I’d recommend installing the kde-inotify-survey package (might be called something a bit different depending on your distro’s packaging) and then reoboot. Thereafter, this thing will detect then you’re low on those resources and prompt you via a notification to increase them.

And even if you don’t see any notification about it right now, it’s useful to have that installed so that it can warn you in the future if such a situation arises.


But why am I running out of those? And why can they run out at all?

I’ve really tried to find a package similar to that but there’s just none in my Debian APT repository. :frowning:

If Debian doesn’t package that software, shame on them. It’s been out for years, and I am consistently frustrated and disappointed with Debian’s inability to provide its users with a quality KDE experience. :frowning:

Moving on: all that little app really does is create an override for various preset systemd limits on inotify watches and instances. Here’s what it looks like on my system, for example:

$ cat /etc/sysctl.d/50-kde-inotify-survey-max_user_instances.conf 
# This file was auto-generated by kde-inotify-survey. Manual changes will be overwritten.

You can create such a file yourself, reboot, and see if it helps.

What’s going on here is that various apps will try to watch for filesystem changes, and every time they do, this counts against the system’s default limit of how many times it can be done. I couldn’t tell you why such a limit exists, but it s easy to bump into it if you have a lot of files or a lot of software that wants to watch for file changes.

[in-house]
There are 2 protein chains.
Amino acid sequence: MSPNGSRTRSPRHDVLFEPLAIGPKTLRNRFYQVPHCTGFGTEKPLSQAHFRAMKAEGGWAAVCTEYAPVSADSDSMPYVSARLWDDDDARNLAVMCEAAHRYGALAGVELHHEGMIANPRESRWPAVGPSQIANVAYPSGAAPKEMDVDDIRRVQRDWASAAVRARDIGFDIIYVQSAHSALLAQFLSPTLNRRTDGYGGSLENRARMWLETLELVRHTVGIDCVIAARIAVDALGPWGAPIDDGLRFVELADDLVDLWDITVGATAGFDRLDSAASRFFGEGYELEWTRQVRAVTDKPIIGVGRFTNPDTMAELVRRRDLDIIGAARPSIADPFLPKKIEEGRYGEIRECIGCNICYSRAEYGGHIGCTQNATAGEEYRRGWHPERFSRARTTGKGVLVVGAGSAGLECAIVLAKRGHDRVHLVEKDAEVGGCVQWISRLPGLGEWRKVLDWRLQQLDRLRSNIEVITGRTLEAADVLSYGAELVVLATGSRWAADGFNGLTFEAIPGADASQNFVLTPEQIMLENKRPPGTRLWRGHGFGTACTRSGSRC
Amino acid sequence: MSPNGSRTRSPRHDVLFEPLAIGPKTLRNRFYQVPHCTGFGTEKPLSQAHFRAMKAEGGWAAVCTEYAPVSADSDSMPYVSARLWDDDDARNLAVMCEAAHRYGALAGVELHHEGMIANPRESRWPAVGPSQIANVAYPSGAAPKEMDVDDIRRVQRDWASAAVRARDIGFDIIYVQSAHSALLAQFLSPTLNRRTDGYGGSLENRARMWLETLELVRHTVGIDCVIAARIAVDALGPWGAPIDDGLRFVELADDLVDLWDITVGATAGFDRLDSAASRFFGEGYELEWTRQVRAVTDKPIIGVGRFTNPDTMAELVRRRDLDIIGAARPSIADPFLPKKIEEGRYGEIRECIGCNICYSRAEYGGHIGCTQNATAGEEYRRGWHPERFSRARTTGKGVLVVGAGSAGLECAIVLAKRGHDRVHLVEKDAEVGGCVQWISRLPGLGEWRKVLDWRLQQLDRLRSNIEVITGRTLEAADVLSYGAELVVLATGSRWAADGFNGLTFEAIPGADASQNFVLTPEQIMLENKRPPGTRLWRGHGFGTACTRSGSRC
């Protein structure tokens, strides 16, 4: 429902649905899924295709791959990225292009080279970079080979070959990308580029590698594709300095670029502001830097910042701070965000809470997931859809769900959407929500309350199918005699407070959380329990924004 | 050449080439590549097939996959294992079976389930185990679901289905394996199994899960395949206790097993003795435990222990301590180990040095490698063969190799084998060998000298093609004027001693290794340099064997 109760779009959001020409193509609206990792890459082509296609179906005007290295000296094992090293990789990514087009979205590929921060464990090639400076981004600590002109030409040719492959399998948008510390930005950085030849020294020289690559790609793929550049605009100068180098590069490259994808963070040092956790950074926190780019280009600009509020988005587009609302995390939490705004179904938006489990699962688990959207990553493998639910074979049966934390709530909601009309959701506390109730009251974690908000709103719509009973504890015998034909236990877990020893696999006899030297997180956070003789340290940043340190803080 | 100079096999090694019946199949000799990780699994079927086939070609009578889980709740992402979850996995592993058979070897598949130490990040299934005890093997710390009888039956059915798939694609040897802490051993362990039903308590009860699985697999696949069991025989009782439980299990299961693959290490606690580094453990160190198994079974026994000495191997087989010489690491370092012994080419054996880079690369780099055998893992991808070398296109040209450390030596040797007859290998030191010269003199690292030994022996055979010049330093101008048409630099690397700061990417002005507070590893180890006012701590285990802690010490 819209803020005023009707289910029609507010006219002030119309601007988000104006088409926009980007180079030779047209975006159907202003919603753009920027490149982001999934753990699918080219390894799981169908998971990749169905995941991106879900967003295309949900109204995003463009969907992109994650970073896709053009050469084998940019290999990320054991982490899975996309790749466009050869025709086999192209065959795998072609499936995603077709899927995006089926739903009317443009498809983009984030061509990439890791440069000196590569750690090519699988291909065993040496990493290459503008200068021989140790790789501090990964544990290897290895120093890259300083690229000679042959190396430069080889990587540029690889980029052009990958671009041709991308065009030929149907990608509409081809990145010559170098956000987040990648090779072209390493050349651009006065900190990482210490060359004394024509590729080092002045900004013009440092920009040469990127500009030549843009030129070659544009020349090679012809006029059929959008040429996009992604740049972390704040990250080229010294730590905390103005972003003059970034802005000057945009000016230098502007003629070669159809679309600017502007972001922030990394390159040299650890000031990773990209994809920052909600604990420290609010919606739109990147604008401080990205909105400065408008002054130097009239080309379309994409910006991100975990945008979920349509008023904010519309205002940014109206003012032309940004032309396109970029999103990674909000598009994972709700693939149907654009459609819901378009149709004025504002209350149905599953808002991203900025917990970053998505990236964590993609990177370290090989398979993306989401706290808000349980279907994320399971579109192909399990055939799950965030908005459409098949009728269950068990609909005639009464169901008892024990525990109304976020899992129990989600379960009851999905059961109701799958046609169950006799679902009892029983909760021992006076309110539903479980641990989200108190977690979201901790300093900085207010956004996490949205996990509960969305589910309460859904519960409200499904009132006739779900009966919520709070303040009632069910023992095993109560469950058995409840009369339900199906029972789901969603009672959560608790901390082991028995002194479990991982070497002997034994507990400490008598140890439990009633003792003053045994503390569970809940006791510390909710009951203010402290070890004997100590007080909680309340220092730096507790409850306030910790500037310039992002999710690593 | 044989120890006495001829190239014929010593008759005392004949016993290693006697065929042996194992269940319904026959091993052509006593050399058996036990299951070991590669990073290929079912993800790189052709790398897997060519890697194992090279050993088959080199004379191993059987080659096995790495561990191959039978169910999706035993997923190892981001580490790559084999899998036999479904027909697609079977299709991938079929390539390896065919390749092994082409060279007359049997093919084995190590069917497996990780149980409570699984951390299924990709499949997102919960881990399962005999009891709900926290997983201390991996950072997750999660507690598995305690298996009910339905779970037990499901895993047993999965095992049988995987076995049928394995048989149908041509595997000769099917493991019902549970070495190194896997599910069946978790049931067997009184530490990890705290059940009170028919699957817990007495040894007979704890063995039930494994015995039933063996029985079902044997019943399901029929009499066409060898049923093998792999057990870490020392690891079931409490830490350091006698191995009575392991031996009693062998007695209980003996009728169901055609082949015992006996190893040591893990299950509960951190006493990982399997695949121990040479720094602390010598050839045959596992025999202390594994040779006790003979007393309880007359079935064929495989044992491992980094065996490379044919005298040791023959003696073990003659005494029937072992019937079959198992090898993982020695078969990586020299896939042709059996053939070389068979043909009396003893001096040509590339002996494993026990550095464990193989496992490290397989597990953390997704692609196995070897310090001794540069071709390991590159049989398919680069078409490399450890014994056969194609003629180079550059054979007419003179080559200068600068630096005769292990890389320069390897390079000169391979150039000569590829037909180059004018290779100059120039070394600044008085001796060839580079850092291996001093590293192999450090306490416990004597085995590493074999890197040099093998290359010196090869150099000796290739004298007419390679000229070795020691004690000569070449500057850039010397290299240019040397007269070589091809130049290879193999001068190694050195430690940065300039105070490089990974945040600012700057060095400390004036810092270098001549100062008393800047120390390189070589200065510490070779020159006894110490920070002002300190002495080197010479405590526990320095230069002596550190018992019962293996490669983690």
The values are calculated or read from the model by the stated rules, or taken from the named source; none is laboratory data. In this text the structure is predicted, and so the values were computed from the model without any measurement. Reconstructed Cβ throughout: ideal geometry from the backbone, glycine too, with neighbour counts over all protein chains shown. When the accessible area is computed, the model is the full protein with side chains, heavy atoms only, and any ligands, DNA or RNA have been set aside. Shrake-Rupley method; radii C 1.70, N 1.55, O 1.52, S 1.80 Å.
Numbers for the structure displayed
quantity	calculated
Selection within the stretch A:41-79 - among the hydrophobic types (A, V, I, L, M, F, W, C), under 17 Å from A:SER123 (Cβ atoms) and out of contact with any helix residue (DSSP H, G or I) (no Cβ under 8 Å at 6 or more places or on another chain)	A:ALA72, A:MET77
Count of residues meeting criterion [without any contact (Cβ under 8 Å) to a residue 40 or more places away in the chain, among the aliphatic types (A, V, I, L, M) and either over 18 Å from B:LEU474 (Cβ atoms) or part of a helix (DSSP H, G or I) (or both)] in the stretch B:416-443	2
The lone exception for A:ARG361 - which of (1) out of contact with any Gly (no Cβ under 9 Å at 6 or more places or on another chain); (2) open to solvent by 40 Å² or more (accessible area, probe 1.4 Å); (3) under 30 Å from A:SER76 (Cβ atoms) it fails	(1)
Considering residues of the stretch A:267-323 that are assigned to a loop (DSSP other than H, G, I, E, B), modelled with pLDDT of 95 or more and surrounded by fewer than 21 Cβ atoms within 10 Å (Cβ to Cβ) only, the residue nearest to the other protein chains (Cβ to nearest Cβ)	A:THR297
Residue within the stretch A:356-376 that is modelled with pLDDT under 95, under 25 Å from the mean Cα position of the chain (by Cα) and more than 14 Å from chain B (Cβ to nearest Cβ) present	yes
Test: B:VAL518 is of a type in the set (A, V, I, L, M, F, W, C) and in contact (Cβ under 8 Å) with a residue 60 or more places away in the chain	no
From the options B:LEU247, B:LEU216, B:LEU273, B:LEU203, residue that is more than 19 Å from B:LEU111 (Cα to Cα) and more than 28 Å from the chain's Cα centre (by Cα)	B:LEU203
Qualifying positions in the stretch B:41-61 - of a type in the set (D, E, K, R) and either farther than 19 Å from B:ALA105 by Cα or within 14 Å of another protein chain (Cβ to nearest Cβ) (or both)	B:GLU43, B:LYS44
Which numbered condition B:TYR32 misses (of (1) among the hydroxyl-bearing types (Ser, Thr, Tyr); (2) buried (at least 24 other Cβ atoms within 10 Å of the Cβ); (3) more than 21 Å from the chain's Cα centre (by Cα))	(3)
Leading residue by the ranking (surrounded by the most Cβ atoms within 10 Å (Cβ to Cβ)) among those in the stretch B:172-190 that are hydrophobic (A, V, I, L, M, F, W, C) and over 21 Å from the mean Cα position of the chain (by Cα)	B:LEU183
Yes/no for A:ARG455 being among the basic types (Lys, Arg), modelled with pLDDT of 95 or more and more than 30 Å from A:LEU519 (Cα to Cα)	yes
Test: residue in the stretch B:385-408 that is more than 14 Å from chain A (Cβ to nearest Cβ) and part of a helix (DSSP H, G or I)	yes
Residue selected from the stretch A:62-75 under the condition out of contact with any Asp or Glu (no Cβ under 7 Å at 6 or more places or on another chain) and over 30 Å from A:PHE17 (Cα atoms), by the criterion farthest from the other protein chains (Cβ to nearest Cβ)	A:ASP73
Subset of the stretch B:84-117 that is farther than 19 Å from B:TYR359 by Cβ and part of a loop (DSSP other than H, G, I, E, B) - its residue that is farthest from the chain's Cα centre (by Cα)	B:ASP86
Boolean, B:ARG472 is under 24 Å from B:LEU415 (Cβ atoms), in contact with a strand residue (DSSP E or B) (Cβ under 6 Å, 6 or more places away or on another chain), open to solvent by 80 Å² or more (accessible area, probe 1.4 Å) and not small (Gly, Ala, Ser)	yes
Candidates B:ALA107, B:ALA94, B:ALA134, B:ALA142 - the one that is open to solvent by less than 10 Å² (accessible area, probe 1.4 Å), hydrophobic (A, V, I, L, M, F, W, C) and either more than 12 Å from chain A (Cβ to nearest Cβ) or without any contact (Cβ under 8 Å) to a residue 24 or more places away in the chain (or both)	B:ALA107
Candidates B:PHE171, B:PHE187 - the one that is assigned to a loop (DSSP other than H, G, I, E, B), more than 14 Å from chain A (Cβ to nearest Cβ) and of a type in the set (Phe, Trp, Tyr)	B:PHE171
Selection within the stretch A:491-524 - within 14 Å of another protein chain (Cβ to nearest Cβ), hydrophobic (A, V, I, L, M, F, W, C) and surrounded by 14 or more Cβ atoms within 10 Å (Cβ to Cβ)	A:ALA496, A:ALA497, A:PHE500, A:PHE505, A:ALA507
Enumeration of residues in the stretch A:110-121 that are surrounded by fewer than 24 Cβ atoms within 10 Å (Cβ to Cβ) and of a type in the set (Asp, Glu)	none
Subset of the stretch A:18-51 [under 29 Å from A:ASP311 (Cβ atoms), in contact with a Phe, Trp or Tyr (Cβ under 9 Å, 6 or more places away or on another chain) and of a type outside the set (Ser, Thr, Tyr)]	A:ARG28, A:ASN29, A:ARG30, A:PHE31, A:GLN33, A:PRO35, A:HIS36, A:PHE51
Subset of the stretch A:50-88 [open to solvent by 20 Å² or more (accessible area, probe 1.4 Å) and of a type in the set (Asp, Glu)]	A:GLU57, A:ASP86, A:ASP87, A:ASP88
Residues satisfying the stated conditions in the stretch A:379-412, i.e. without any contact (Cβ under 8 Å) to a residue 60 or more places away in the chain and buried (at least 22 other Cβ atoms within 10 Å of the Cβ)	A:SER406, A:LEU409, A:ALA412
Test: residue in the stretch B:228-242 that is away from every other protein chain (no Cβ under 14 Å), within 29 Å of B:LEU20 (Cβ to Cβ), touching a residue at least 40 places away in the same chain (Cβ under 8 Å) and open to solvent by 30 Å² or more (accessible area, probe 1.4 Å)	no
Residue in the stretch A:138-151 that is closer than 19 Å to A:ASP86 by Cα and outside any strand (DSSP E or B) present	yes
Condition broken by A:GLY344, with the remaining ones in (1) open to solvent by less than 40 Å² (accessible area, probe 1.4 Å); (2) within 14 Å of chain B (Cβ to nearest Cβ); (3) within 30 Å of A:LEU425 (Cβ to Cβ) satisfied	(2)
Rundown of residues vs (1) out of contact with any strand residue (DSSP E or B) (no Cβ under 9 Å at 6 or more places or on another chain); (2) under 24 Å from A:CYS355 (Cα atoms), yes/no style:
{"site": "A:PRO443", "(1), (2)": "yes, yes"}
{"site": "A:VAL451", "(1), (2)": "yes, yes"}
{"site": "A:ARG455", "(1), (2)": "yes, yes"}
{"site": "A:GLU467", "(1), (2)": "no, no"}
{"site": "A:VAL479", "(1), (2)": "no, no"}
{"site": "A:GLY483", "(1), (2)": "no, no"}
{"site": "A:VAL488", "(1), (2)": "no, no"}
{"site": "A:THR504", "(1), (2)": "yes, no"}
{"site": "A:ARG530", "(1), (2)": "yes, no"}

For what it’s worth, the origin of the inotify limit seems to have been a desire to be conservative when using unswappable kernel memory - if anyone reading this is interested in learning more about that feature, here are a couple links I found helpful (including suggested upper limits for that value):

And for what it’s worth… @ExXfceUser , if I can offer a thought, in my humble and ignorant user opinion, having no basis in actual development knowledge…the highlight of the Debian project is their Stable release. That release’s philosophy is curating specific releases of software that will fit together into a “whole that is more than the sum of the parts”, and that swapping out those parts for newer ones is a “FrankenDebian”, not recommended.

My observation of the KDE philosophy is one of more rapid and iterative improvements - over my five months or so of running openSUSE Tumbleweed daily, I’ve seen multiple releases of different KDE packages (Plasma Desktop, Gear apps, Frameworks, etc.), not all at the same time, and not all in one massive “this is the culmination of two years’ worth of work” push (although that no doubt does happen with things like the upcoming Plasma 6).

Take this for what it is, but I don’t feel like the “find a collection that works and stay with it for two years” approach from Debian meshes that well with the “fast iterative feature development, releasing and fixing” approach from KDE. Debian’s approach would seem to fit better with projects like (ironically, I assume, given your username) Xfce that value long-term availability of an unchanging feature set. Personally, I had a better experience using KDE products on Kubuntu with the Backports PPA, and am having an even better one on Tumbleweed, and I suspect that’s because they’re more naturally aligned with the upstream KDE model.

Take all that with many grains of salt, but just a few thoughts as I was thinking about this thread and several others.



I couldn’t have said it any better, @johnandmegh.

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It’s not just debian that doesn’t pack it.

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Is really running out of inotify file handles the culprit, here? From what @dzon said earlier it seems xnview is showing the problem while gwenview doesn’t.

If both rely on inotify and if we assume it’s related to inotify but it shows in one app while not in the other, I can’t help, it feels just to work around tuning inotify settings, then, instead of looking what xnview does differently. Just a thought

and OT: I don’t feel too well just blaming the GNU/Linux Debian project here. Different distros, different release models, different decisions, different defaults, different focus, different goals… Hope you don’t mind the perspective of a complete “outsider”, here.